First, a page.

Filmmakers throughout Europe tapped into the galvanizing power of cinematic realism to grapple with the devastation of World War II, but few can claim to have changed the course of the art form as radically as Roberto Rossellini did with Rome Open City, Paisan, and Germany Year Zero. With their combination of unvarnished visual style, profound moral inquiry, and the use of predominantly nonprofessional actors, these defining works of 1940s world cinema ushered in the golden age of the neorealist movement, which strived to give voice to victims of poverty and oppression and to depict their lives with urgency and authenticity. Among the first wave of young cinephiles to be inspired by the director’s example were Paolo and Vittorio Taviani, who were both teenagers when Rossellini made his breakthrough and would later explore the legacy of World War II in their own masterwork The Night of the Shooting Stars. In an interview featured on our box-set edition of The War Trilogy, which we just issued on Blu-ray this week, the Taviani brothers describe their first encounter with Germany Year Zero, an experience that left them speechless and went on to shape their artistic sensibility as a filmmaking duo.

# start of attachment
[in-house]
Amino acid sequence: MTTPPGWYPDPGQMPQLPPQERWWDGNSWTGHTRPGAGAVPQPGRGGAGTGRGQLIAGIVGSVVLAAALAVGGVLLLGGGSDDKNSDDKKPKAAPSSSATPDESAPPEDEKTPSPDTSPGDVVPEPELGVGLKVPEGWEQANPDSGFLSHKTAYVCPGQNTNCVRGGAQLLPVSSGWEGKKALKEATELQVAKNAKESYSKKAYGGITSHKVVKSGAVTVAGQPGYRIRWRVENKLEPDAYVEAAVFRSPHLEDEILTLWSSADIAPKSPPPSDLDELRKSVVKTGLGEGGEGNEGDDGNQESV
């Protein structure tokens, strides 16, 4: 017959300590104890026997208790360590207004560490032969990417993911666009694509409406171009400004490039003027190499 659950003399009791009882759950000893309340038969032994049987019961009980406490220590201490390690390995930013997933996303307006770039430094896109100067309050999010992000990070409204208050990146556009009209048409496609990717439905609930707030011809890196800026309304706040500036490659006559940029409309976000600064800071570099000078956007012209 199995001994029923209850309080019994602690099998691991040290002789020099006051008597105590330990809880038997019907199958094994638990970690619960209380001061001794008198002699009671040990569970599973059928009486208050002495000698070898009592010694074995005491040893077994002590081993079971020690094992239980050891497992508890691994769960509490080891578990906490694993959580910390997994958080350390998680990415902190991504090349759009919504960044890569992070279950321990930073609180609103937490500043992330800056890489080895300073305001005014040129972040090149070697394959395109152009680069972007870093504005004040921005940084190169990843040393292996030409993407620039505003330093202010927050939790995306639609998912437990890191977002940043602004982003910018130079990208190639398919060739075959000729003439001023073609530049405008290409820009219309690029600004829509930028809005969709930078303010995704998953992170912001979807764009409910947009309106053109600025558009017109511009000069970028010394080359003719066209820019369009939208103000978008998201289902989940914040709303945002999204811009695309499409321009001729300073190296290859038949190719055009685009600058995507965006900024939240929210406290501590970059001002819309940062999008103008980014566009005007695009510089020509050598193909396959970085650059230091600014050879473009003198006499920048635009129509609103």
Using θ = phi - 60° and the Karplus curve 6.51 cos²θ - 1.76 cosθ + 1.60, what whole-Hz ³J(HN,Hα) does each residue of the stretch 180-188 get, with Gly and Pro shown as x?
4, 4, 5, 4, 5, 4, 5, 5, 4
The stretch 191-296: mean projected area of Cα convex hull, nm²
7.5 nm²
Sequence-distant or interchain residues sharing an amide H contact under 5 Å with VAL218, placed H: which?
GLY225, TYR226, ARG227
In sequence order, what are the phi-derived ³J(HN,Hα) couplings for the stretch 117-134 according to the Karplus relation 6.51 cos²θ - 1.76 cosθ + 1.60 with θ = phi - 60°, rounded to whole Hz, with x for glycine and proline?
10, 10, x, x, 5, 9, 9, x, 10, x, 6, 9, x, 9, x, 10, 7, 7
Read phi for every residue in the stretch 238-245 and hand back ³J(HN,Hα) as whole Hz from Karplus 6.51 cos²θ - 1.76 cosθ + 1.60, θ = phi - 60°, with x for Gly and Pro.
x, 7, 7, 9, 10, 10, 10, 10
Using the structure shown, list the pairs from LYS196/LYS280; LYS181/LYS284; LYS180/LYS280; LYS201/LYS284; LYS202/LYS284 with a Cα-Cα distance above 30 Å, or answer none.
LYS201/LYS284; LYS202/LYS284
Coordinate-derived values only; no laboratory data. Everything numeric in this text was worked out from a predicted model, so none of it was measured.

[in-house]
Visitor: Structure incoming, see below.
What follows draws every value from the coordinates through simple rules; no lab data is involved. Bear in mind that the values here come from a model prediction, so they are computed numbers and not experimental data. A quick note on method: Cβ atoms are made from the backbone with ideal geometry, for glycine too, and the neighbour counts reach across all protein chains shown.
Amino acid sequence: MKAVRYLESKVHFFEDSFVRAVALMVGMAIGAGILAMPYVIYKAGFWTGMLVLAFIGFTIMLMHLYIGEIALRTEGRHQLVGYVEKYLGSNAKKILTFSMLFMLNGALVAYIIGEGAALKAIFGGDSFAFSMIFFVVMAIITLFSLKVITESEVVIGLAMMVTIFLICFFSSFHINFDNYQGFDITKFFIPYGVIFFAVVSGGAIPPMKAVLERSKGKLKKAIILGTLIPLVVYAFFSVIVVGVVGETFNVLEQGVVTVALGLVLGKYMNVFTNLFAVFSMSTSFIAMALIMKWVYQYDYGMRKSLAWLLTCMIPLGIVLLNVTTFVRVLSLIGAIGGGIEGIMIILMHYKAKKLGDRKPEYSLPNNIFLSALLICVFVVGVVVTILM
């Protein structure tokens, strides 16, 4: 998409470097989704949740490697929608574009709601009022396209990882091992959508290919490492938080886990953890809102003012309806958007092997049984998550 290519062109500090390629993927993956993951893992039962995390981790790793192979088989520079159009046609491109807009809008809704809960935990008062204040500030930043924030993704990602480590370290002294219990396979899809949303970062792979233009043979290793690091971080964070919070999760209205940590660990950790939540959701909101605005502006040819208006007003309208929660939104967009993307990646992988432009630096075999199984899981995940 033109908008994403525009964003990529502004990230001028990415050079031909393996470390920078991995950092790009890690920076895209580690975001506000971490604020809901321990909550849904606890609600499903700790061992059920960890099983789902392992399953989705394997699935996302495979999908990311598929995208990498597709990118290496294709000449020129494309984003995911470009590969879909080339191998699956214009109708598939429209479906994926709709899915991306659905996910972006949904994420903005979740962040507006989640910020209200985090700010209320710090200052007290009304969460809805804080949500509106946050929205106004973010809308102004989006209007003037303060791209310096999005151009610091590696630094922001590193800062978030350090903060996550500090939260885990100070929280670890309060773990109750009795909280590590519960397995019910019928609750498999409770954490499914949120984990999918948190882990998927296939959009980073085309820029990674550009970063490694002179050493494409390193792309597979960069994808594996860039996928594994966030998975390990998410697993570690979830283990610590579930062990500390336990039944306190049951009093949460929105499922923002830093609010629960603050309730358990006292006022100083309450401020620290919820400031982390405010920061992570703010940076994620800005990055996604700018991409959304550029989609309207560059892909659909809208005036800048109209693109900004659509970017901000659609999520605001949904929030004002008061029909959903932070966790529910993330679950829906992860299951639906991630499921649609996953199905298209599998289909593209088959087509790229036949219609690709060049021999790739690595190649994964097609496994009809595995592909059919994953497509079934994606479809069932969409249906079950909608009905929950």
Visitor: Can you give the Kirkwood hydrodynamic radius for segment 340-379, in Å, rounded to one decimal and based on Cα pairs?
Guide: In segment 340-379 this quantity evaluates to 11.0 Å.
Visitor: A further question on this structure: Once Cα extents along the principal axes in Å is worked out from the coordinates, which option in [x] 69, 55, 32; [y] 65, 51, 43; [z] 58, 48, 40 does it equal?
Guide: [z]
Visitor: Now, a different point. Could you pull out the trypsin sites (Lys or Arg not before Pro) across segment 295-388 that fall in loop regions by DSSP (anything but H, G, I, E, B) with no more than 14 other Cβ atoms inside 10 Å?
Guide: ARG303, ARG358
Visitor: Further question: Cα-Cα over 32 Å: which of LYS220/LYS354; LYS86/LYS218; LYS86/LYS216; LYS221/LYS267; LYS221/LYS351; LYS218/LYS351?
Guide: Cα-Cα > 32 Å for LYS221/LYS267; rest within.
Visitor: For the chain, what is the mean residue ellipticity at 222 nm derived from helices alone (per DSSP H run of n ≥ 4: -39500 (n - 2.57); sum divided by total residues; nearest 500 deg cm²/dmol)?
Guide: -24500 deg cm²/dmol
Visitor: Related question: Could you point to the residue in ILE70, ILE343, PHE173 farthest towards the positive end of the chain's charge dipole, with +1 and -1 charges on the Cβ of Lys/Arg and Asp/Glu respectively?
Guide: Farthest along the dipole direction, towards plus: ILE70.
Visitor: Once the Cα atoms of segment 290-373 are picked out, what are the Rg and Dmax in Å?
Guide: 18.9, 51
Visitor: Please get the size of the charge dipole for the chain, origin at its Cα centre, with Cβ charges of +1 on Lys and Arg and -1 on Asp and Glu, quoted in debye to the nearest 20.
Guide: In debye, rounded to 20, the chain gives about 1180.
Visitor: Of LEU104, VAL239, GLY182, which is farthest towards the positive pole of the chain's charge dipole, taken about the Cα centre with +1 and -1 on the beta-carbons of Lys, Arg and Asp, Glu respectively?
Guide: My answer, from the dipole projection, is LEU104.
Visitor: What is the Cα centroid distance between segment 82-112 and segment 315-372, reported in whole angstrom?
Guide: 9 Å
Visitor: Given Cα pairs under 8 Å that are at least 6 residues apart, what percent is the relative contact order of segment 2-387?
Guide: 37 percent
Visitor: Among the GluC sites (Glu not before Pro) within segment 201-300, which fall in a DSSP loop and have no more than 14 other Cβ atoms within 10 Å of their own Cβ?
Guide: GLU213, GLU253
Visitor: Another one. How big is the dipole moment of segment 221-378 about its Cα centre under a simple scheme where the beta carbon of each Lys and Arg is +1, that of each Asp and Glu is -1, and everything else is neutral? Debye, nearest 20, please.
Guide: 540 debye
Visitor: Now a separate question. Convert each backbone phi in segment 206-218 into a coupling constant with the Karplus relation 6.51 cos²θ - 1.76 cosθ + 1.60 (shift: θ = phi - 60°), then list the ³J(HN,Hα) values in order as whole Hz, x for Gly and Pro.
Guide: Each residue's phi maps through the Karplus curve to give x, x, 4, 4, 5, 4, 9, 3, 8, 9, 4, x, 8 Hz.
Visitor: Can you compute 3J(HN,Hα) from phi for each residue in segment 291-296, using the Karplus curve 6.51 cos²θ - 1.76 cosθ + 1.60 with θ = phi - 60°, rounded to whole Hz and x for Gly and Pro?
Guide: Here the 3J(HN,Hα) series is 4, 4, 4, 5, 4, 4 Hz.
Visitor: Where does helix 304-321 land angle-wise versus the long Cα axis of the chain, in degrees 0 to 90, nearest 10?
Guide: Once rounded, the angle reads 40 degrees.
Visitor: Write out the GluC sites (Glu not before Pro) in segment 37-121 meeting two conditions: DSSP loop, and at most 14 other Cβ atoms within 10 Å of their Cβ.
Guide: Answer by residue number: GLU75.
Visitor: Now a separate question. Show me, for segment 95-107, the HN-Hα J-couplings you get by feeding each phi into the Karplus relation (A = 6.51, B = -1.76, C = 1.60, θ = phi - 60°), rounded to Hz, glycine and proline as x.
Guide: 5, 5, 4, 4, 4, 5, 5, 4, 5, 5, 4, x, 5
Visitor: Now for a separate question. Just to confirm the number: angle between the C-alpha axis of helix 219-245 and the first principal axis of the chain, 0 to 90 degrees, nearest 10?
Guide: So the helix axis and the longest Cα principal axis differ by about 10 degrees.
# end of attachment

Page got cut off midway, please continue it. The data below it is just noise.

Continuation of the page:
How Ron Shelton Did Justice to the “Talking Sport”
The director of Bull Durham explains the ins and outs of bringing baseball to the screen and why Kevin Costner is the finest athletic actor he’s worked with.
The Birth of a Hollywood Bad Girl
The product of consummate artistry and savvy promotion, Marlene Dietrich’s salacious image opened up erotic frontiers for a generation of moviegoers.
The Hope That Fueled Bowling for Columbine
How much can a film turn the tide on American violence? Michael Moore and archivist Carl Deal reflect on the moral urgency that gave rise to one of the most talked-about documentaries of all time.
Bringing the Grit to Philippine Cinema
For Philippine master Lino Brocka, casting a mix of nonprofessional and professional actors was key to achieving his brand of unvarnished naturalism.
This Kiss: Filming an Intimate Moment in The Virgin Suicides
What goes into staging the perfect on-screen kiss? Director Sofia Coppola and actors Kirsten Dunst and Josh Hartnett look back on shooting a passionate make-out session in The Virgin Suicides.